When a holiday rolls around, various regular contributors to AFB will spotlight holiday-appropriate works of art. These are not necessarily works that the particular contributor thinks are the absolute best (although they might be), and they are not necessarily unfamiliar or particularly avant-garde. But hopefully the mini-essays included will introduce you to a new perspective on at least some of these works, or even just remind you of really cool works that fit that into the holiday mood!
In the future we plan on setting these up as a series of week-long mini-posts leading up to the holiday in question, but this Halloween we’re just going to throw a few of them at you all at once. So here goes!
Fifth Movement (the “Witches’ Sabbath”) from Berlioz’s Symphonie Fantastique (1845).
It’s like Pennywise meets Mozart. Berlioz’s ultra-influential Symphonie Fantastique was a music video before there was video. It’s a piece of program music, music that’s supposed to map onto a specific non-musical narrative. Berlioz wrote textual notes on what we should be imagining while listening. The story: An artist falls in delirious love with a woman and eventually attempts suicide (with opium – what else?) out of a perceived unrequited love. Like a crazed Vivaldi, the symphony starts almost spring-like, in the blossoming and frenzy of new love, and ends darkly with a hallucinated walk to the scaffold. In the Fifth Movement, the witches’ celebratory dance follows the tune of a distorted Dies irae, a traditional section of a Requiem.
It raises interesting questions, too. Berlioz wrote of the program notes: “The following programme must therefore be considered as the spoken text of an opera, which serves to introduce musical movements and to motivate their character and expression.” Should we then think of the *full* symphony as including this text, so that the symphony is as incomplete without it as it would be if it were missing a movement? Is that how we think of music videos? Soundtracks? Songs with lyrics we can’t understand?
Suspira, from the Suspira Soundtrack (1977) by Goblin.
Italian prog rock outfit Goblin didn’t start out with the intention of being known pretty much only for horror movie soundtracks, but alas, that’s what happened. Originally known as Cherry Five, they renamed themselves Goblin when they signed on to record the soundtrack for Dario Argento’s Deep Red in 1975. All of their horror soundtracks are worthwhile, but their greatest work is arguably their 1977 soundtrack for Argento’s masterpiece Suspiria. The film is about a young woman who moves into a creepy ballet school in Freiburg, Germany, that turns out to be controlled by a coven of diabolical witches. The eponymous track from Goblin’s soundtrack layers all sorts of creepy chimes, whispers (witches!), and synth sounds with repetitive chanting that resembles a demonic variant of a lullaby. It’s awesome. Blast it loud to terrify trick-or-treaters.
Mary Beth Willard:
Stranger Things (2016) Title Soundtrack.
Netflix’s charmingly retro horror series Stranger Things derives its charm not just from its meticulous attention to costuming and props, nor just as a wellspring of nostalgia for mythical Gen X childhoods spent tooling around on banana-seat bikes after breakfasts of Eggos, but because it feels as if it was conceived in the 80s. Consider the sensory deprivation tank in which Eleven floats. It looks as if someone designed it in 1983 to be…. sciency and futuristic. She’s in a tan unitard. The visual language of the series mimics not 1984, but how 1984 conceived of science fiction and horror. So, too, the soundtrack, by SURVIVE; all glorious, looping, layered synths. Guaranteed to knock your Vans off.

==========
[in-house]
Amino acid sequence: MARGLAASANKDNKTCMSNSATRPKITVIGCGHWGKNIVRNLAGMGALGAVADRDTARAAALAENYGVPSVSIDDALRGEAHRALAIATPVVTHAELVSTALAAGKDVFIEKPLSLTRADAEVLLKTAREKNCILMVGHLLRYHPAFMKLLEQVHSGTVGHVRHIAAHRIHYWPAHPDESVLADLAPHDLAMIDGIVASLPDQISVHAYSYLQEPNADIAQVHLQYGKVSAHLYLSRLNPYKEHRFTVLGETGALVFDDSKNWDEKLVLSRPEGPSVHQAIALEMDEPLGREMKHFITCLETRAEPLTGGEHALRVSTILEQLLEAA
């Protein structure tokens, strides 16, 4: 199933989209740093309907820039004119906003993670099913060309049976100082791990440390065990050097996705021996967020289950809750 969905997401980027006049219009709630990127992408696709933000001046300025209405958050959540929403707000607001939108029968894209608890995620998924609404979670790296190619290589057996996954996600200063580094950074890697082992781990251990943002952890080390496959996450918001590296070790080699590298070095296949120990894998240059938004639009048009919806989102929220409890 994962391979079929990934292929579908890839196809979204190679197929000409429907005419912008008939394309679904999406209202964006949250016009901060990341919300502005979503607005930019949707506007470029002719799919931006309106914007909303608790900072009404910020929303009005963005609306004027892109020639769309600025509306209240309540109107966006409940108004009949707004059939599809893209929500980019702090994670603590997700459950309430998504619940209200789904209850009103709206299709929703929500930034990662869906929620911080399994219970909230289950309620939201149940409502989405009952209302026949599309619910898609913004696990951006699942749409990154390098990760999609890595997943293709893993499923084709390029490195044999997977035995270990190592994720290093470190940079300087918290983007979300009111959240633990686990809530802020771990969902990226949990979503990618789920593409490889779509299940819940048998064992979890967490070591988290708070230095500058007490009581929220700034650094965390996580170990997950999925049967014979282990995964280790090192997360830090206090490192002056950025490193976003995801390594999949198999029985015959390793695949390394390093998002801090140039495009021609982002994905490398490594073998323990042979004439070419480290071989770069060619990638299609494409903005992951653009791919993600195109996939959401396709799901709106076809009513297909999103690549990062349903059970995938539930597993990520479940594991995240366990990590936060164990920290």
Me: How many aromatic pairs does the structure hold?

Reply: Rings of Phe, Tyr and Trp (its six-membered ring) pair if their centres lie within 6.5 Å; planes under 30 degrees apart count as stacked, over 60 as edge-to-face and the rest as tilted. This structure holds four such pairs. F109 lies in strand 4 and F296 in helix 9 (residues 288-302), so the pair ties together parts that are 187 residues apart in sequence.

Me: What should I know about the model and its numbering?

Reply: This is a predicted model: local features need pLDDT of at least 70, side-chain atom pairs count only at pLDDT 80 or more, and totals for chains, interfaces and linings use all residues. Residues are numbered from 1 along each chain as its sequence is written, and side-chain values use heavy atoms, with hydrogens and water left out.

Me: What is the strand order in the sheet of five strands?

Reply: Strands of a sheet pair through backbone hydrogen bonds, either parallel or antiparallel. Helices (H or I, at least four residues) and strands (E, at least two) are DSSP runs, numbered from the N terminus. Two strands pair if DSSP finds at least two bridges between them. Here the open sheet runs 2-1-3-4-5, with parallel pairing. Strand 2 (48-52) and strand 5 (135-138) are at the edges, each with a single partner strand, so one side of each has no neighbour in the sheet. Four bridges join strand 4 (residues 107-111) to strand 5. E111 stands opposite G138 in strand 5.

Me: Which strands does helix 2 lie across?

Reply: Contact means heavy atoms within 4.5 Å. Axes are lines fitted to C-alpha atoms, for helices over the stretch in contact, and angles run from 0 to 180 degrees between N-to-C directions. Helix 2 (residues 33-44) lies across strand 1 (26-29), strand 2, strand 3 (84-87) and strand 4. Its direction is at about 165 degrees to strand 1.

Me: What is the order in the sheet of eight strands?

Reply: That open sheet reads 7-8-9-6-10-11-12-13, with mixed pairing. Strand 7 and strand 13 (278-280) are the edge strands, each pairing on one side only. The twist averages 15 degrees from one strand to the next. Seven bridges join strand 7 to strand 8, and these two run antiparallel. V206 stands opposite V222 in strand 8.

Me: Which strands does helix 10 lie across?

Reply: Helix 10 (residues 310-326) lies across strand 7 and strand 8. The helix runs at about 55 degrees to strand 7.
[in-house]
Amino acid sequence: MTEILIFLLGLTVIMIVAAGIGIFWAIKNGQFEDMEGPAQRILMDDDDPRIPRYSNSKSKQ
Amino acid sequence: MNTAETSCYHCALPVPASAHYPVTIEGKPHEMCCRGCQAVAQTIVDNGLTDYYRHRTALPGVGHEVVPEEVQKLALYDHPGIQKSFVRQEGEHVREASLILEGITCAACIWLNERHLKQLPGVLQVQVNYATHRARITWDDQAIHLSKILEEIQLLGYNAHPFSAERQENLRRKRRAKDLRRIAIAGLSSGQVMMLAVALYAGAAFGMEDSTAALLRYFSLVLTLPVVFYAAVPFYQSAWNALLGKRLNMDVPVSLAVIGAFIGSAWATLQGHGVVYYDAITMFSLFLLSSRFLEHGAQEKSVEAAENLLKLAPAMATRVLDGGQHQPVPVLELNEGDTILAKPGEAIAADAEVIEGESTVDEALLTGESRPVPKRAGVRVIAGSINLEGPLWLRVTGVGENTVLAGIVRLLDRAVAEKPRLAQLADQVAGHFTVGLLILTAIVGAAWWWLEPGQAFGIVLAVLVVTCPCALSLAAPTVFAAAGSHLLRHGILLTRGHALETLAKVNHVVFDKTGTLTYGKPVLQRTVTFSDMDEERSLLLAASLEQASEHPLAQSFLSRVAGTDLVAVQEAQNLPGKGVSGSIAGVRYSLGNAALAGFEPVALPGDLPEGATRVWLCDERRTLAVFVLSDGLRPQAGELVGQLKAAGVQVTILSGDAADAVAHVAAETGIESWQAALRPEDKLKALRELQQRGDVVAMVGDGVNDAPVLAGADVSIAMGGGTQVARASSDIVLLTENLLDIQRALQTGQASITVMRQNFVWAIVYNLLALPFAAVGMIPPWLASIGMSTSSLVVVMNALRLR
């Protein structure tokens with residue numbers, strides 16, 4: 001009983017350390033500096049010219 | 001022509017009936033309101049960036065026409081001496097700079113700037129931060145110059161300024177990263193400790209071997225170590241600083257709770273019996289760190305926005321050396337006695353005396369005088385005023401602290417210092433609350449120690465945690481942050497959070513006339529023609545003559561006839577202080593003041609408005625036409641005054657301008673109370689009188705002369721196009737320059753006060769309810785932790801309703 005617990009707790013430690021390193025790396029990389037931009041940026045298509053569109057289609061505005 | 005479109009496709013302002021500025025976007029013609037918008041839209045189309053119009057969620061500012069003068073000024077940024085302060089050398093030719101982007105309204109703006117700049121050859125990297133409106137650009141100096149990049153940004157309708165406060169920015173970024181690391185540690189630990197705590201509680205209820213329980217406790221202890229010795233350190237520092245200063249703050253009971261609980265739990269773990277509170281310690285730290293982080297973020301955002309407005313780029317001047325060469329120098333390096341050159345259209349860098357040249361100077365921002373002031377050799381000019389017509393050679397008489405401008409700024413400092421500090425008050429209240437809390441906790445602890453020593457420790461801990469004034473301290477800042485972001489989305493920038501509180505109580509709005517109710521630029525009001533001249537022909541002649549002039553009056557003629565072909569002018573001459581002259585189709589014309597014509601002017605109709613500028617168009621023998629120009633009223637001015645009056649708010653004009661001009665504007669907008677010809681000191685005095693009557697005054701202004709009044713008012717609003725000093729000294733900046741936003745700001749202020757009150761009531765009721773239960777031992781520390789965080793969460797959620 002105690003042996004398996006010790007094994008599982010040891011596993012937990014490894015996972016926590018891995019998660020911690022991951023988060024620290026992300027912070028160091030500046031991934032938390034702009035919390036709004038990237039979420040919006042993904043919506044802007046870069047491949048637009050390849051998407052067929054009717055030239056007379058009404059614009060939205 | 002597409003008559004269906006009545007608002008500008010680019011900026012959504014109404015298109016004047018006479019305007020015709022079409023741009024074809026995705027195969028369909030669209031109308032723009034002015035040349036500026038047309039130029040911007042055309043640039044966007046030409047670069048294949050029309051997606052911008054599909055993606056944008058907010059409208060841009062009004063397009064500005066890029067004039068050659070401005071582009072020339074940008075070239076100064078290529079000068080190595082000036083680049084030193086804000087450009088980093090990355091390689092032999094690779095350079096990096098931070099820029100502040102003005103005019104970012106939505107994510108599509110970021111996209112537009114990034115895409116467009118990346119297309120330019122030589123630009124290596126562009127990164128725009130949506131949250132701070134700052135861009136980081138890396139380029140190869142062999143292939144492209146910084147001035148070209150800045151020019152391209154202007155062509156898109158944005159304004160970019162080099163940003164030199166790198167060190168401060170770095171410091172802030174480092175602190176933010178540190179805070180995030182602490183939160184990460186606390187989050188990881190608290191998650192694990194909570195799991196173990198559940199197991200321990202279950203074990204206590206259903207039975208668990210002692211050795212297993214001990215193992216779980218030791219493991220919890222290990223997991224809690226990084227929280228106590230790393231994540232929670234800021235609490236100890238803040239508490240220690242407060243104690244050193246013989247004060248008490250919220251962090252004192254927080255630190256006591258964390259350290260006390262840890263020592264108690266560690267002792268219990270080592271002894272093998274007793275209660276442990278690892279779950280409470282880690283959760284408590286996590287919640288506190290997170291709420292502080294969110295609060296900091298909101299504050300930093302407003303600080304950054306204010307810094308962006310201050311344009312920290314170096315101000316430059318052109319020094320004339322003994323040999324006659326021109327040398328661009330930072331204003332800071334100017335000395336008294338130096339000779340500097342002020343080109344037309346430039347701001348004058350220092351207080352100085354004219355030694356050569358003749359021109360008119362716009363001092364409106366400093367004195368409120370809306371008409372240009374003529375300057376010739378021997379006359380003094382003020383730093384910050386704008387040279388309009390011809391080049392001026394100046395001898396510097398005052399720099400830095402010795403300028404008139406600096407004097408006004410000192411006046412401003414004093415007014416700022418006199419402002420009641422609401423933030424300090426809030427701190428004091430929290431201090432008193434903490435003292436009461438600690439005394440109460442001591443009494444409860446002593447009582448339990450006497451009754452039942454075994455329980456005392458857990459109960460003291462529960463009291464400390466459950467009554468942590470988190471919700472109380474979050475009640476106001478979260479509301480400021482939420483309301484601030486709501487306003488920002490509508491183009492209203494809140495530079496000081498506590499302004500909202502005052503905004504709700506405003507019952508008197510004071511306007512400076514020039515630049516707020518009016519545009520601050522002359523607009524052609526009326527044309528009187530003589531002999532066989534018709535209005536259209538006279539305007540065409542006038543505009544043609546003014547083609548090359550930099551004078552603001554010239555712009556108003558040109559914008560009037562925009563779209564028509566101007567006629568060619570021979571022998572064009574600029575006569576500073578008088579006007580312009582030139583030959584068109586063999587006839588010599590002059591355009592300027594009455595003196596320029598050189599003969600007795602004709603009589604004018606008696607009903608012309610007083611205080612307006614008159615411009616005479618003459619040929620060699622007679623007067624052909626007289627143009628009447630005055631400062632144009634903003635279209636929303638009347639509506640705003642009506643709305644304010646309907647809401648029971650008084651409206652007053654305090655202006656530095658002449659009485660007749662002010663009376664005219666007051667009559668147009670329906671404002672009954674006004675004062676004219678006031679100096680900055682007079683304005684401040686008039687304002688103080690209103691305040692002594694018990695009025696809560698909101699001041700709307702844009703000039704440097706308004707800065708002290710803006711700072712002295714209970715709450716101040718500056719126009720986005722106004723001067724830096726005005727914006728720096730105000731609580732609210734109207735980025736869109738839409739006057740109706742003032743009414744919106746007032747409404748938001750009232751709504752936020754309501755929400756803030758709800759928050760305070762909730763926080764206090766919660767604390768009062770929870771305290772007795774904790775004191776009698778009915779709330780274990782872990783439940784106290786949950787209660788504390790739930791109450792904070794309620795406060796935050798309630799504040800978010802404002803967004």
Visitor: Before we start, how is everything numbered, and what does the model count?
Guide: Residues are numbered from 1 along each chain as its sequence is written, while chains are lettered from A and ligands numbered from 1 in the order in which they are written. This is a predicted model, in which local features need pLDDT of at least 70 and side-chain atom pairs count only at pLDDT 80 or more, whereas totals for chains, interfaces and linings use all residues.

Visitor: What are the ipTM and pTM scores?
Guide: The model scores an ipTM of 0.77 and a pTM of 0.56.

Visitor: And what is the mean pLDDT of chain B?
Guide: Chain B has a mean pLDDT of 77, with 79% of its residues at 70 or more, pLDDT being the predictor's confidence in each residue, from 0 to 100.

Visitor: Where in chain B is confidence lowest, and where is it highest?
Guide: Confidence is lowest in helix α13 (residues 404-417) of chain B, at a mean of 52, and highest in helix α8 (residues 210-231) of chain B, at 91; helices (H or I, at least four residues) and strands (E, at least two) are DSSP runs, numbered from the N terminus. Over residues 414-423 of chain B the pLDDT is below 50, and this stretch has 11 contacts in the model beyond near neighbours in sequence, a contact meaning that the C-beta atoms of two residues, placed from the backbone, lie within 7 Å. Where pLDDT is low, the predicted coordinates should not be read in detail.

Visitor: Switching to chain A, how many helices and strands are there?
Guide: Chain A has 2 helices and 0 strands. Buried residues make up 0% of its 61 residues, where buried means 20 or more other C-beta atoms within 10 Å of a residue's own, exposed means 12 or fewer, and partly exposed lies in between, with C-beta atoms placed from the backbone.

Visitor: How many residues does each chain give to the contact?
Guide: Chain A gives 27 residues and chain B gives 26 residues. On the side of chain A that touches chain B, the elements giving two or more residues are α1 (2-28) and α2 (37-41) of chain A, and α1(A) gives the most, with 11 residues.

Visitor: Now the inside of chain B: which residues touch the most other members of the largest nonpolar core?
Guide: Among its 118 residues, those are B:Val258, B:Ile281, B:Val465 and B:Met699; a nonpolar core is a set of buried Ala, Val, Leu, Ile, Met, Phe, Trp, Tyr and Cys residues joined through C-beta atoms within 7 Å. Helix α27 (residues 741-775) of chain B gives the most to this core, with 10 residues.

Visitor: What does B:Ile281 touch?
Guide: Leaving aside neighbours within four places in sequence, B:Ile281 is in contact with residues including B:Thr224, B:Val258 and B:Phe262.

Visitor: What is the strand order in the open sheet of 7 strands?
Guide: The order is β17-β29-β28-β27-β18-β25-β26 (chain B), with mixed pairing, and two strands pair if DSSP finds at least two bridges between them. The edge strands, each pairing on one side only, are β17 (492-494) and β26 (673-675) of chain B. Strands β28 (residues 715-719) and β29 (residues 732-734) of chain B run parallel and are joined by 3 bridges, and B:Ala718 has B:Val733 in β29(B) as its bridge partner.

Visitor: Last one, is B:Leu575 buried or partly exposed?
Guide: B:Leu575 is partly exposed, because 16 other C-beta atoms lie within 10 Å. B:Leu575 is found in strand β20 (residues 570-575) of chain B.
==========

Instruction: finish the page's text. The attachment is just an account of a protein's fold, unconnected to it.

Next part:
Roy T Cook:
Buffy Theme from Buffy the Vampire Slayer (1997 — 2003), by Nerf Herder (covered by The Breeders).
This song just all around rocks: from the repeated pick slide to the frantic three-note guitar lead at the end. And the pop punk/geek rock outfit that wrote and recorded this now-iconic little ditty is named after an insult from The Empire Strikes Back. What’s not to love?
But in addition to the vampire-and-demon themed, Halloween-ey goodness of the show itself, there’s a serious aspect to this choice as well. Throughout it’s run, but especially in its seventh and final season, Buffy was explicitly engaging with the the issues and conflicts of the third-wave feminism of the late 1990s and early 2000s. There are various aspects of the Buffy-as-feminist-action-icon idea that can be (and have been) criticized, but there is no doubt that the show played a pivotal role in how an entire generation of young people understood gender.
In addition, Buffy the Vampire slayer played an important role in the history of television as an art form, as Joss Whedon and company developed the more sophisticated storytelling methods that are now commonplace in the current “Golden Age of Television”, including but not limited to:
- Introducing a unique blend of fantasy and social realism into television storytelling.
- Perfecting the monster-of-the-week/big-bad structure (pioneered by the X-Files and now nearly ubiquitous in some form in genre television).
- Experimental episodes (including a musical episode and a silent episode).
- A sustained self-referentiality (e.g., Nerf Herder play the Bronze in the final episode, and are referred to by Dawn as a sign of the impending apocalypse).
It’s thus no surprise that, according to Slate, Buffy the Vampire Slayer is (by a good margin) the most studied pop cultural artifact of all time.
Oh, and the link above is to a cover of the tune by The Breeders. Cause they’re awesome too.